Rogers will buy Arlon, merging two leading suppliers of high-frequency laminate materials, and perhaps further complicating the supply chain for some of the smaller fabricators that lack the purchasing power of the major players, not to mention consolidating the RF/microwave product supply base for the US Defense Department. Given its shoulder shrug of TTM’s Chinese ownership, will the DoD even bat an eye over this, or will it be concerned enough to throw a wrench in the deal?
On the assembly side, ASM purchased DEK, which had been readied for sale since late 2011. The acquisition gives ASM top-of-the-line print-to-placement equipment offerings and positions it to compete with the major Japanese players such as Panasonic, Yamaha, Juki and Fuji.
Nordson acquired Dima Group, stretching its traditional dispensing and, later, AOI and test focus into SMT placement. Will Nordson keep the pick-and-place lines, or package that unit up and sell it?
And just yesterday Kulicke and Soffa made a deal to buy Assembleon for $98 million in cash. While Assembleon had been expected to be acquired since Philips first put it on the block several years ago, K&S’s entry into the printed circuit board equipment space was unforeseen. Does it plan to continue to roll up other companies (Speedline?) and build a worthy competitor to ASM?
Most of the major deals that took place in 2014 happened on the supplier side. Does that presage a similar consolidation on the manufacturing end in 2015? Will some of the units long-rumored to be in play (Multek, Hitachi) finally be consummated? Will EMS, which took a breather in 2014 after major deals involving Natel (Epic), Benchmark (Suntron, CTS) the year before, catch a new spark?
Just like that, we are primed to lose two of the longstanding electronics supply chain brand owners. The difference here is, Alpha’s management and ownership will remain, for now, the same, as the stock will be split among Cookson’s former shareholders.
The future of the Dover businesses, on the other hand, is much less clear. Dover hasn’t said whether it will sell the businesses piecemeal, as it did with Universal Instruments and Vitronics-Soltec in 2006. The brands on the block — DEK, OK International and Everett Charles Technologies among them — probably brought in at least $1 billion in annual revenue prior to 2012’s dropoff, and have traditionally been higher margin performers as well. Not many equipment companies have pockets deep enough to absorb the price Dover will ask. Yet that’s what employees of those businesses must be hoping for right now, as the slash and burn methods of the private equity companies have been excruciating for everyone involved.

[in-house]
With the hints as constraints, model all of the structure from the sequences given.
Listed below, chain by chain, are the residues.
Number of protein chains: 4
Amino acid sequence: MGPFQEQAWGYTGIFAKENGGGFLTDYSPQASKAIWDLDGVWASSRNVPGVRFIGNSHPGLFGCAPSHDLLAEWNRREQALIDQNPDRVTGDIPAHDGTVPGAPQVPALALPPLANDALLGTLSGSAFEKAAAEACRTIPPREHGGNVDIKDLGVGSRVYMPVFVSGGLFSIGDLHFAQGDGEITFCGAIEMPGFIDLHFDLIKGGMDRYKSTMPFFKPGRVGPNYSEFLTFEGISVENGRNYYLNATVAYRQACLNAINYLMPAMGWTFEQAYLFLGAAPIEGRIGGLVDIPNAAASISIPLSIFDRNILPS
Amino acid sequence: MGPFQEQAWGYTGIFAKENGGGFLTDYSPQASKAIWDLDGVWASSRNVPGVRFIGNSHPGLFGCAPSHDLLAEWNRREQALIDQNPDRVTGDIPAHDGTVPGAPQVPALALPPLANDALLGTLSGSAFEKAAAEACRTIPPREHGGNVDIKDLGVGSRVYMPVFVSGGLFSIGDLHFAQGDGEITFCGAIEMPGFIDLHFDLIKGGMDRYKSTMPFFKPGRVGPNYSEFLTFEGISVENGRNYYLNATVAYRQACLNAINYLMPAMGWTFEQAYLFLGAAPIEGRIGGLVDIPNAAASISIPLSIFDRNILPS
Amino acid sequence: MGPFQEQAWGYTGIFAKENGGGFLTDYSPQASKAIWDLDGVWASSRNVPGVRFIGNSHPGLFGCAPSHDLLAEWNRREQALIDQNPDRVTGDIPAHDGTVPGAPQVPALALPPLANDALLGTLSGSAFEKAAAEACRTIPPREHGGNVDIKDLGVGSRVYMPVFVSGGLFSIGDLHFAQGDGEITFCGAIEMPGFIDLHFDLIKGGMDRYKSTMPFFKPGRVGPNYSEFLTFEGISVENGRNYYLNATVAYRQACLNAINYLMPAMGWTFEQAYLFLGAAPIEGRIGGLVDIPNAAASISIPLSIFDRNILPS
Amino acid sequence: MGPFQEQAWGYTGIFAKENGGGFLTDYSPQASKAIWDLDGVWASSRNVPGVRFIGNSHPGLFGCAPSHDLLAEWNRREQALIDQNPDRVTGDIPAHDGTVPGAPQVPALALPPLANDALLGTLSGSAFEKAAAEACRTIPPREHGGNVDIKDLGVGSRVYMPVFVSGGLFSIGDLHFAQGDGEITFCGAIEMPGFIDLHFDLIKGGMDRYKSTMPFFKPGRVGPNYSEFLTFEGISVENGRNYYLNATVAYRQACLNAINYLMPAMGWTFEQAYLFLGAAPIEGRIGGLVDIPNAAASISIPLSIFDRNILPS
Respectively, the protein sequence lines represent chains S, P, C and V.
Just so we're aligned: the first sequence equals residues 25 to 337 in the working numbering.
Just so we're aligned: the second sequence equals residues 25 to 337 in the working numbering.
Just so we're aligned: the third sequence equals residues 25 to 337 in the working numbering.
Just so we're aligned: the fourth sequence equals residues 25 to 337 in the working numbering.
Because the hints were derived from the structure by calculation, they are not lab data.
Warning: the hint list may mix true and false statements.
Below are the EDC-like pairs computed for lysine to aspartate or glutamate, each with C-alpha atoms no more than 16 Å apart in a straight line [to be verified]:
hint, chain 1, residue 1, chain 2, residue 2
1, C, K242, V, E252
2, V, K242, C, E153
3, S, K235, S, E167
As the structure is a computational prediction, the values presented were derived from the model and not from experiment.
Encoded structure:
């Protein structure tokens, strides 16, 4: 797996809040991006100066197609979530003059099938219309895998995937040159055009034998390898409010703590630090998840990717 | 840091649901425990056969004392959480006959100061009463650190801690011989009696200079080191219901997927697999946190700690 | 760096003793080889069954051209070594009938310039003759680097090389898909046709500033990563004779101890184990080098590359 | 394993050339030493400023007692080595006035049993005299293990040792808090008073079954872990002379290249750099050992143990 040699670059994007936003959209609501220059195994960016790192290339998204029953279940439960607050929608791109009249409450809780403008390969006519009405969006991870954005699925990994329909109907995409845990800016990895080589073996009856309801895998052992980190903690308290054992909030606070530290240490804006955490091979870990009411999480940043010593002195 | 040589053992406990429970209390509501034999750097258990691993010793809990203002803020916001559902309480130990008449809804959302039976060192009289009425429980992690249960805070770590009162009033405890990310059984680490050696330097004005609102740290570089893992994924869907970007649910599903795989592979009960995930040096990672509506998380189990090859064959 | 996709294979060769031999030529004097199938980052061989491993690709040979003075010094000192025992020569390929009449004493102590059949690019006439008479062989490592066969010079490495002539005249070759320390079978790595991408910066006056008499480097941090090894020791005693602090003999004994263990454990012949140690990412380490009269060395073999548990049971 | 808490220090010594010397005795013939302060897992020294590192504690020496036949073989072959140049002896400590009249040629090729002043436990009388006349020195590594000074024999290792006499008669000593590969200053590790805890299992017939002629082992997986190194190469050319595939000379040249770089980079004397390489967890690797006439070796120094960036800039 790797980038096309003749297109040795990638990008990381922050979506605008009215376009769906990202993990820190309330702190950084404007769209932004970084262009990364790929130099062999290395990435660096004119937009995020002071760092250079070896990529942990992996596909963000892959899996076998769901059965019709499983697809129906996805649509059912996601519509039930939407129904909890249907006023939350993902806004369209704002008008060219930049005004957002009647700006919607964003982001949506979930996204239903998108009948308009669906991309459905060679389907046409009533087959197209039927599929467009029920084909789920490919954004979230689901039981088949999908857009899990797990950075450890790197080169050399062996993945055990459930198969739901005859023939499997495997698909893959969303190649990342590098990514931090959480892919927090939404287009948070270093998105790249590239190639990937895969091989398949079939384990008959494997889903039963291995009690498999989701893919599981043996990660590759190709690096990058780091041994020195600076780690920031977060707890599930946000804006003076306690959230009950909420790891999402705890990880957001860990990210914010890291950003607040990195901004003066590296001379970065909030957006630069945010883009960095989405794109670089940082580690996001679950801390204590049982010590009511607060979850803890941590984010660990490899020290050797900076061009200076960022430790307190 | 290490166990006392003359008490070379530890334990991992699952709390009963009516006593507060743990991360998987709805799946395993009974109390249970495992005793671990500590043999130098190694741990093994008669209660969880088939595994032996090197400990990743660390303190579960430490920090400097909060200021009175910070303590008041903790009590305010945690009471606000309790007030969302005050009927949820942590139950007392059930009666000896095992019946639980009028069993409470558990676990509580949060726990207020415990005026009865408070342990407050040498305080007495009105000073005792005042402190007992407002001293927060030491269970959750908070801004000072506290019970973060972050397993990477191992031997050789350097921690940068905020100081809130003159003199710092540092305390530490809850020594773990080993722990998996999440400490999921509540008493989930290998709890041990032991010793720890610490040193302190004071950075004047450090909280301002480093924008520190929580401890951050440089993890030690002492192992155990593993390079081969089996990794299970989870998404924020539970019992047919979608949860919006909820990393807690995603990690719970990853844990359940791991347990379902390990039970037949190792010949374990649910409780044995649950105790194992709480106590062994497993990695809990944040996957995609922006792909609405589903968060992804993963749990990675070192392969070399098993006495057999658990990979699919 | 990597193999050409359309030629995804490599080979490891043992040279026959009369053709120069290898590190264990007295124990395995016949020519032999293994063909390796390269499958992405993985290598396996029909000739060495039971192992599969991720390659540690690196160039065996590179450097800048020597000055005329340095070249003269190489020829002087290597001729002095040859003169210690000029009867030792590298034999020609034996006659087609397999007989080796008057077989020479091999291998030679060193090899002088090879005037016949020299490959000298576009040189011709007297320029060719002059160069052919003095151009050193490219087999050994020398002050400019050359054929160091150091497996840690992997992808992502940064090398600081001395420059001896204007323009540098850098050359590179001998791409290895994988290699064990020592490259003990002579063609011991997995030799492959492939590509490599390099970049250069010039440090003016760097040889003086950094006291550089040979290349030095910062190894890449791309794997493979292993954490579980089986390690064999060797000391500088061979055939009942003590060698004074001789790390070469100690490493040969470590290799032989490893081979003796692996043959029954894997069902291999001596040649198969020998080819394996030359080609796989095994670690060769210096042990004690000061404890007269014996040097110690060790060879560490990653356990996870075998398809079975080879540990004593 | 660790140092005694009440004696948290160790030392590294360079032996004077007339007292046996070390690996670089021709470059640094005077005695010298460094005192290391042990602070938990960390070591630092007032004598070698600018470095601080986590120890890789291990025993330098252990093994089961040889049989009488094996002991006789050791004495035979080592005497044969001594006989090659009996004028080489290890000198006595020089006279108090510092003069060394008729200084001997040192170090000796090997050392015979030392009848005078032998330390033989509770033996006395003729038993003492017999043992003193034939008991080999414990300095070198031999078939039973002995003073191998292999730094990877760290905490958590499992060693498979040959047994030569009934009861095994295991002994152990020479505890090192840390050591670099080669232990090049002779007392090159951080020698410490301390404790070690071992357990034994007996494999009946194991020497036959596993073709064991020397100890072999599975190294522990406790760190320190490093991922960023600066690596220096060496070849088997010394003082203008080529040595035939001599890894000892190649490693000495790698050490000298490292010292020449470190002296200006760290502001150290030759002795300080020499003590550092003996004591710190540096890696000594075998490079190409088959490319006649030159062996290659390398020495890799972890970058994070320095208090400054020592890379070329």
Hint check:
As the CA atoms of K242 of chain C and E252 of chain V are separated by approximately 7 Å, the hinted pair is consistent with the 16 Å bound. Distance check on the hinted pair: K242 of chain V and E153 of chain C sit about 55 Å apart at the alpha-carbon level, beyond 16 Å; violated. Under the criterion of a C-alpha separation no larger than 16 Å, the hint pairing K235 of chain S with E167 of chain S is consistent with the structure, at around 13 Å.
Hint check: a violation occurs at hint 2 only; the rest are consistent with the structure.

We don’t think this was a quick decision brought about by this year’s slump. Sources tell us Dover has been discussing the possible divestiture of these businesses for nearly a year. The guess here is that Dover’s management tired of the endless boom-bust cycles of the electronics industry. It’s hard for an equipment company to meet Dover’s goal of 10% revenue growth and 15% operating margins year in, year out.
Hill is 55, and comes from Air Products and Chemicals, where he was senior vice president and general manager in charge of the $2 billion global Electronics and Performance Materials segment. He has a chemical engineering degree, which means Nordson will remain in the hands of an engineer (Campbell has a bachelor’s in EE).
A conglomerate in the mold of Dover and ITW, Nordson topped $1 billion in revenues for the first time a year ago. (It slipped to $819 million this year as the recession took its toll.) It has been extraordinarily well managed, growing both organically and by acquisition, but unlike some competitors it has never overreached. Its electronics brands include EFD, Asymtek, Dage, YesTech and March.
Campbell remains chairman until February, when he will be succeeded by current director Joseph Keithley, the head of Keithley Instruments. He has spent 21 years career at Nordson, the last 12 as chief executive. He is perhaps not as well-known as some of his contemporaries in electronics manufacturing, but his track record is unparalleled. Hilton’s new house is full of his predecessor’s successes.
Attendance at the.four-day Productronica started slow today and built as the day went on. Still, the drop in traffic is noticeable. Americans and Asians are in very short supply.
Spoke with more than 25 exhibitors today. Most say September and October sales were improved and some capacity buying is occurring in Asia.
Some interesting developments seen thus far: a new modular placer from Juki, the KE-3020RL, now in beta and due out next summer or fall; DEK’s Sentinel post-solder inspection unit, which fits on any of its post 2005 printers and features 8 2MP cameras; and Asymtek’s Simultaneous Dual Jetting setup, which is aimed at high volume PCBs. (Asymtek had, as usual, several new machines, and also is pushing hard on its new corporate identity, in which parent company Nordson’s name is prominent. More on them later.)
Ran into old friend Keith Favre, the ex-Speedline and Electrovert sales wizard who was last seen running PhotoStencil. He has launched a rep business under the name FHP LLC and is handling Foulongwin and Mirae, among others. Also, his neighbor in Texas, Bob Stevens, the ex-Speedline Asia president, is alive and well.
Also seen: A women pushing a baby stroller — complete with sleeping baby — down the show floor. That’s a first.